Fastest Growing & Declining Occupations in America

This is the third of the 3-series on America’s disappearing middle class. Part One is here. Part Two on the disappearing black middle class is here.

Not all is doom and gloom. As reported by Ruth Mantell for Yahoo!, June 16, 2011, among the 20 fastest growing occupations from the U.S. Labor Department’s employment projections for 2008 to 2018, 11 occupations earn at least $10,000 more than the national annual median wage of $32,390 as of May of 2008.

Examples of these workers are biomedical engineers, network systems and data communications analysts, and financial examiners.

Meanwhile, more than half of the 20 occupations with the fastest projected decline — think sewing machine operators, photographic processing machine operators and file clerks — were below the national median wage. Read the Labor Department’s report.

Here are the 10 fastest growing occupations from 2008 to 2018, and their median wages, according to the Labor Department:

  1. Biomedical engineers, median wages of $77,400
  2. Network systems and data communications analysts, $71,100
  3. Home health aides, $20,460
  4. Personal and home care aides, $19,180
  5. Financial examiners, $70,930
  6. Medical scientists, except epidemiologists, $72,590
  7. Physician assistants, $81,230
  8. Skin care specialists, $28,730
  9. Biochemists and biophysicists, $82,840
  10. Athletic trainers, $39,640

Here are the 10 fastest declining occupations:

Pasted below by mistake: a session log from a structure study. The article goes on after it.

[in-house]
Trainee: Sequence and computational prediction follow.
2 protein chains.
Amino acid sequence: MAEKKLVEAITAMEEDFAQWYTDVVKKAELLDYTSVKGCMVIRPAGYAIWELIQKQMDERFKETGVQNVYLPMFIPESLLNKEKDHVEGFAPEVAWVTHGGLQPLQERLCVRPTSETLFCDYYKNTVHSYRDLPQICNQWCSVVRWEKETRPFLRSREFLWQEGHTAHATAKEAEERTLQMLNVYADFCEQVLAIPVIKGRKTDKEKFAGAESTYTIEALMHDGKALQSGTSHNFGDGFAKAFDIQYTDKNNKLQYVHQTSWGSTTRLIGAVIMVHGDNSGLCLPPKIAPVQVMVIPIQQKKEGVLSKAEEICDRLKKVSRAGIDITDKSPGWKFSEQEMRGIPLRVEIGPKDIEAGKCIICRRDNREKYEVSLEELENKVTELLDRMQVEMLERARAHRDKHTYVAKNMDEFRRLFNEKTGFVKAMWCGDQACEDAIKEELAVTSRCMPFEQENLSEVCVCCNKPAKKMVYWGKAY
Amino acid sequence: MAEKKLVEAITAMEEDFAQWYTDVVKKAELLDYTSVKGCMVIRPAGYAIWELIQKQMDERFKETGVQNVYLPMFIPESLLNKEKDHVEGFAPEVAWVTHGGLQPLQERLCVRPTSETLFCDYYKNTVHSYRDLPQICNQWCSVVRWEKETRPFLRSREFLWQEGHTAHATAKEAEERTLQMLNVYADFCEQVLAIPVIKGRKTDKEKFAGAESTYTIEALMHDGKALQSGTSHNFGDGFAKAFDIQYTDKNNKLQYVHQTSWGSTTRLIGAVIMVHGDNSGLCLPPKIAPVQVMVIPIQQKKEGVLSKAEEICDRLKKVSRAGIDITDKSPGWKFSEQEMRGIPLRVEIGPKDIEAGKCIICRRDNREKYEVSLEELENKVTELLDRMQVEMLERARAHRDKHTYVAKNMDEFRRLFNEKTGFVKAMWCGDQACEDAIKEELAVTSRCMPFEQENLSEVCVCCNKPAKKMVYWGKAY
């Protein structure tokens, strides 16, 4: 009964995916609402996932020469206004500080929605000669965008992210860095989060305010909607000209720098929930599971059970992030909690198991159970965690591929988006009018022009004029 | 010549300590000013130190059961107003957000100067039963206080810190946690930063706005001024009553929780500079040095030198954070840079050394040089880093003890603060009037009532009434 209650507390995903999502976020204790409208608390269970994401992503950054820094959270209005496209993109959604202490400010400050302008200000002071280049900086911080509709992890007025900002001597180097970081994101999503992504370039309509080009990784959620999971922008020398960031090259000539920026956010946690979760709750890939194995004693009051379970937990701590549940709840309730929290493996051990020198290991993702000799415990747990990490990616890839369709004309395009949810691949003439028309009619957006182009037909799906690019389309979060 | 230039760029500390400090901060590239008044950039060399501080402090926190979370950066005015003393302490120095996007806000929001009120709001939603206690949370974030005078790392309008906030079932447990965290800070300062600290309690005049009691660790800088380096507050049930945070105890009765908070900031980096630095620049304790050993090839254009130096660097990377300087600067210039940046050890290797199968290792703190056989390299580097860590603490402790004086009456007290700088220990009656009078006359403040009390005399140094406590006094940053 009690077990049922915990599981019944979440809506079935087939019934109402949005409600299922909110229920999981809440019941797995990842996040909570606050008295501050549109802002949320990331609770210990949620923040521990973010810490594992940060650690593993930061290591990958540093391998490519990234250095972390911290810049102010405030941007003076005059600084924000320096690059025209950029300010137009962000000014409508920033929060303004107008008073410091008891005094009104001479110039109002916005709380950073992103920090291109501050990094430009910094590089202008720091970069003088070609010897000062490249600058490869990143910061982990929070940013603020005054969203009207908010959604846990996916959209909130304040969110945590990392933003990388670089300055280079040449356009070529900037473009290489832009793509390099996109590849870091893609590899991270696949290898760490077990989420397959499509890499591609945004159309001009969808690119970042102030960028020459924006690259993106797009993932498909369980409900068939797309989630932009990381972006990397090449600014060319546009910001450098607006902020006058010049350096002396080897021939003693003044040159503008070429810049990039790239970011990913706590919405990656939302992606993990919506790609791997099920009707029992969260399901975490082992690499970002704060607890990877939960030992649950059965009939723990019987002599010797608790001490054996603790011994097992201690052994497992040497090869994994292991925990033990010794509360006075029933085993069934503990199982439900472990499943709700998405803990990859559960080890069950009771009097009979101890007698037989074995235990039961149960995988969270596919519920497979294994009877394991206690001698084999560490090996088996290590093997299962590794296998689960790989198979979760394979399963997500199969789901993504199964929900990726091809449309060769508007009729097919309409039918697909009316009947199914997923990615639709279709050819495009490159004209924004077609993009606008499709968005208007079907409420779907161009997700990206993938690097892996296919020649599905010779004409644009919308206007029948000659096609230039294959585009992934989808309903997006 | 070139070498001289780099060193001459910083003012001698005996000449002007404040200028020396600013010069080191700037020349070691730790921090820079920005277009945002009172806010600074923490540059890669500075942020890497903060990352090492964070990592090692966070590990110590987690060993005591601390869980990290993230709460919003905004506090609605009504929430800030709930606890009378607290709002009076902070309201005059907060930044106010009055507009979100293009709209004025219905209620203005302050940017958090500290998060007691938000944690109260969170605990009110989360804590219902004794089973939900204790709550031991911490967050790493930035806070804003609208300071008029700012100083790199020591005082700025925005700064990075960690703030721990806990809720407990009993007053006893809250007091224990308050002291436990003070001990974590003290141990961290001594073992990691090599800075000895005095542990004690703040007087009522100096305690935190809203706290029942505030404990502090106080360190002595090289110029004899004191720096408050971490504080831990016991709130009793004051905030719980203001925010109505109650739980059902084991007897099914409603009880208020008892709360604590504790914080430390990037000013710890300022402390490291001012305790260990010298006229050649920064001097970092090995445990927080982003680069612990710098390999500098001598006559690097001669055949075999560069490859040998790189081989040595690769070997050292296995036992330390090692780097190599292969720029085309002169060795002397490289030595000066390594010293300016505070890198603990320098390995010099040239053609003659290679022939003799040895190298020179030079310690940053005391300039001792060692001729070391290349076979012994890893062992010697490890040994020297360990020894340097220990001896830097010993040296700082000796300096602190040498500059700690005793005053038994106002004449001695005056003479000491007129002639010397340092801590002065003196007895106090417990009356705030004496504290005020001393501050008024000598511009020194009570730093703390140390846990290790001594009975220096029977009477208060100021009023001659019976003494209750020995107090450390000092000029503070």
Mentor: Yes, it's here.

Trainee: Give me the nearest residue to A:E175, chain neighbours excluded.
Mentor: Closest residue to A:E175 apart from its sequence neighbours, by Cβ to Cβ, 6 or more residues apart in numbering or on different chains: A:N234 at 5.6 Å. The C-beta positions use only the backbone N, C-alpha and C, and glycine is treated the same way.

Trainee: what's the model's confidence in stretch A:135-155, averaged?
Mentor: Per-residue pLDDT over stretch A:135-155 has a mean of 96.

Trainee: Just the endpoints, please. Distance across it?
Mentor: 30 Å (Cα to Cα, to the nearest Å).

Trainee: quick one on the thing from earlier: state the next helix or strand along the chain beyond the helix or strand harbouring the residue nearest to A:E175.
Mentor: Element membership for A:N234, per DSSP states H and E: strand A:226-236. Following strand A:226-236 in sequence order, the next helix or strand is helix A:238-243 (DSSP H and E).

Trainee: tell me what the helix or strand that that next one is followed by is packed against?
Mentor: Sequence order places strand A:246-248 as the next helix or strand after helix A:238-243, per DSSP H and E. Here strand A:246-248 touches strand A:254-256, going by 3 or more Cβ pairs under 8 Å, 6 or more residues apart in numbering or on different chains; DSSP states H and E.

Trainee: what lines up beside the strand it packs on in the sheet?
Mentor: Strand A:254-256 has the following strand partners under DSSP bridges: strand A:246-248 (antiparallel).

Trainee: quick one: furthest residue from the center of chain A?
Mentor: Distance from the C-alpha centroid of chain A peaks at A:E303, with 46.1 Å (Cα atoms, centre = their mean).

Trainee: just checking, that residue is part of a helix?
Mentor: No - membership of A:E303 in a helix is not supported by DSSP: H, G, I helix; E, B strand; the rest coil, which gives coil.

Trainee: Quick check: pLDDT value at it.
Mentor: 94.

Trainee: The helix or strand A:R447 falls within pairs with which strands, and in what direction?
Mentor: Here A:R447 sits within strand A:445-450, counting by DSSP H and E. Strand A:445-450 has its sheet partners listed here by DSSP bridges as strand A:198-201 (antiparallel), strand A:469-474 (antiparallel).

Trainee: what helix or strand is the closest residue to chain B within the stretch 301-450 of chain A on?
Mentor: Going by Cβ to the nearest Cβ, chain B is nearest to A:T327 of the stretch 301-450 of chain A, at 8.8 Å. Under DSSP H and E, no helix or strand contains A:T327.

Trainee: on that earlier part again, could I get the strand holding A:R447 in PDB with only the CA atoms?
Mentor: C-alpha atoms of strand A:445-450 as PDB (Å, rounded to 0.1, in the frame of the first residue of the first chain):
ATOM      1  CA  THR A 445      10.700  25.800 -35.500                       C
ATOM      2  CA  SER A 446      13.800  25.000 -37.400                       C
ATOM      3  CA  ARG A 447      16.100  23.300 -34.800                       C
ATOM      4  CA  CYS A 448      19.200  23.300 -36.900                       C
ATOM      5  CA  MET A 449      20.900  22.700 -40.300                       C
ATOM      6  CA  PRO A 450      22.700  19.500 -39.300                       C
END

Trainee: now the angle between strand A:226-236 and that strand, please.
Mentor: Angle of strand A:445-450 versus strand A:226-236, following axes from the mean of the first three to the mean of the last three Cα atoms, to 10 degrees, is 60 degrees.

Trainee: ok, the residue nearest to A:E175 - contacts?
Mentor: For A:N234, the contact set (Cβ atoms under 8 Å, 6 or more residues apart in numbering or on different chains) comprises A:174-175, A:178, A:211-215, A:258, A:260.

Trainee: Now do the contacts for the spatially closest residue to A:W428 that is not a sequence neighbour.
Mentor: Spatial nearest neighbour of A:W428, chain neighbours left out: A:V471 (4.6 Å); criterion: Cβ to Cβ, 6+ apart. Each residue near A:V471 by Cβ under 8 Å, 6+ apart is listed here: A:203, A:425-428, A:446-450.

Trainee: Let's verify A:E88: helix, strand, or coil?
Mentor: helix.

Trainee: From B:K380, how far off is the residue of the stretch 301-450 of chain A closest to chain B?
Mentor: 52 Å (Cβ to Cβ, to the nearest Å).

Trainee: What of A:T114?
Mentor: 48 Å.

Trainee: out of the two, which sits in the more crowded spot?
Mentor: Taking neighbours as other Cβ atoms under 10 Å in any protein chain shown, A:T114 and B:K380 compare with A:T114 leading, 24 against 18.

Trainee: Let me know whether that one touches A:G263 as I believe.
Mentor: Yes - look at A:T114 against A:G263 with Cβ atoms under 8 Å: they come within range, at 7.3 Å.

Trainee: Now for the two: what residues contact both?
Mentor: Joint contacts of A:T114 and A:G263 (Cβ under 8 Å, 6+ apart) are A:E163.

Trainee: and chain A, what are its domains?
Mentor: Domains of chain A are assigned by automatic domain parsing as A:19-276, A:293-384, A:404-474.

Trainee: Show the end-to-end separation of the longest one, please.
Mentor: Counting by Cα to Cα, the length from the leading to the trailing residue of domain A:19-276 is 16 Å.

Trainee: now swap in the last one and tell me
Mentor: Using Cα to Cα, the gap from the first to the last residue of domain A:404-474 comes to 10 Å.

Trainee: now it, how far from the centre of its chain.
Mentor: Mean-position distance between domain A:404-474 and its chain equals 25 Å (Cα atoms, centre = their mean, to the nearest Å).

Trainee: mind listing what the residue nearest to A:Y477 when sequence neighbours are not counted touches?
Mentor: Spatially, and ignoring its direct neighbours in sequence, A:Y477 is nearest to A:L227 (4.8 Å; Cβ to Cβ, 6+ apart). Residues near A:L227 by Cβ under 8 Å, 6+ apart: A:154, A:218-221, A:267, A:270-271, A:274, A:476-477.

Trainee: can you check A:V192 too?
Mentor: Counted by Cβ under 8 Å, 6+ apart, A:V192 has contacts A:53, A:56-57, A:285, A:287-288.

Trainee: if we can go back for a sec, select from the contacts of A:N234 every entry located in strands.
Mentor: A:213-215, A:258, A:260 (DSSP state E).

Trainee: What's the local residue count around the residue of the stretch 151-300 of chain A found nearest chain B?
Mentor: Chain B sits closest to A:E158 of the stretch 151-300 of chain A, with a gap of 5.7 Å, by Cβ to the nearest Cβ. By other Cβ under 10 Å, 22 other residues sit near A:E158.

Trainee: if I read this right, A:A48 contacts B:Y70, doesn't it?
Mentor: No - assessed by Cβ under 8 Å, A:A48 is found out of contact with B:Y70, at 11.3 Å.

1. Textile bleaching and dyeing machine operators and tenders, $23,680
  2. Textile winding, twisting, and drawing out machine setters, operators, and tenders, $23,970
  3. Textile knitting and weaving machine setters, operators, and tenders, $25,400
  4. Shoe machine operators and tenders, $25,090
  5. Extruding and forming machine setters, operators, and tenders, synthetic and glass fibers, $31,160
  6. Sewing machine operators, $19,870
  7. Semiconductor processors, $32,230
  8. Textile cutting machine setters, operators, and tenders, $22,620
  9. Postal Service mail sorters, processors, and processing machine operators, $50,020
  10. Fabric menders, except garment, $28,470

Adaptation Is Key

Workers with diminishing prospects will need to evolve, experts said. People can transform themselves. Those with a good set of flexible skills will be able to adapt. Creativity and flexibility are the key.

While technology may replace some workers, it also creates opportunities to use new skills. To succeed, a worker must be an active learner who innovates and adapts.


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If O had his way, which he does right now, all of us would be relying upon Feds 4 assistance.

Bring on 2012 ASAP!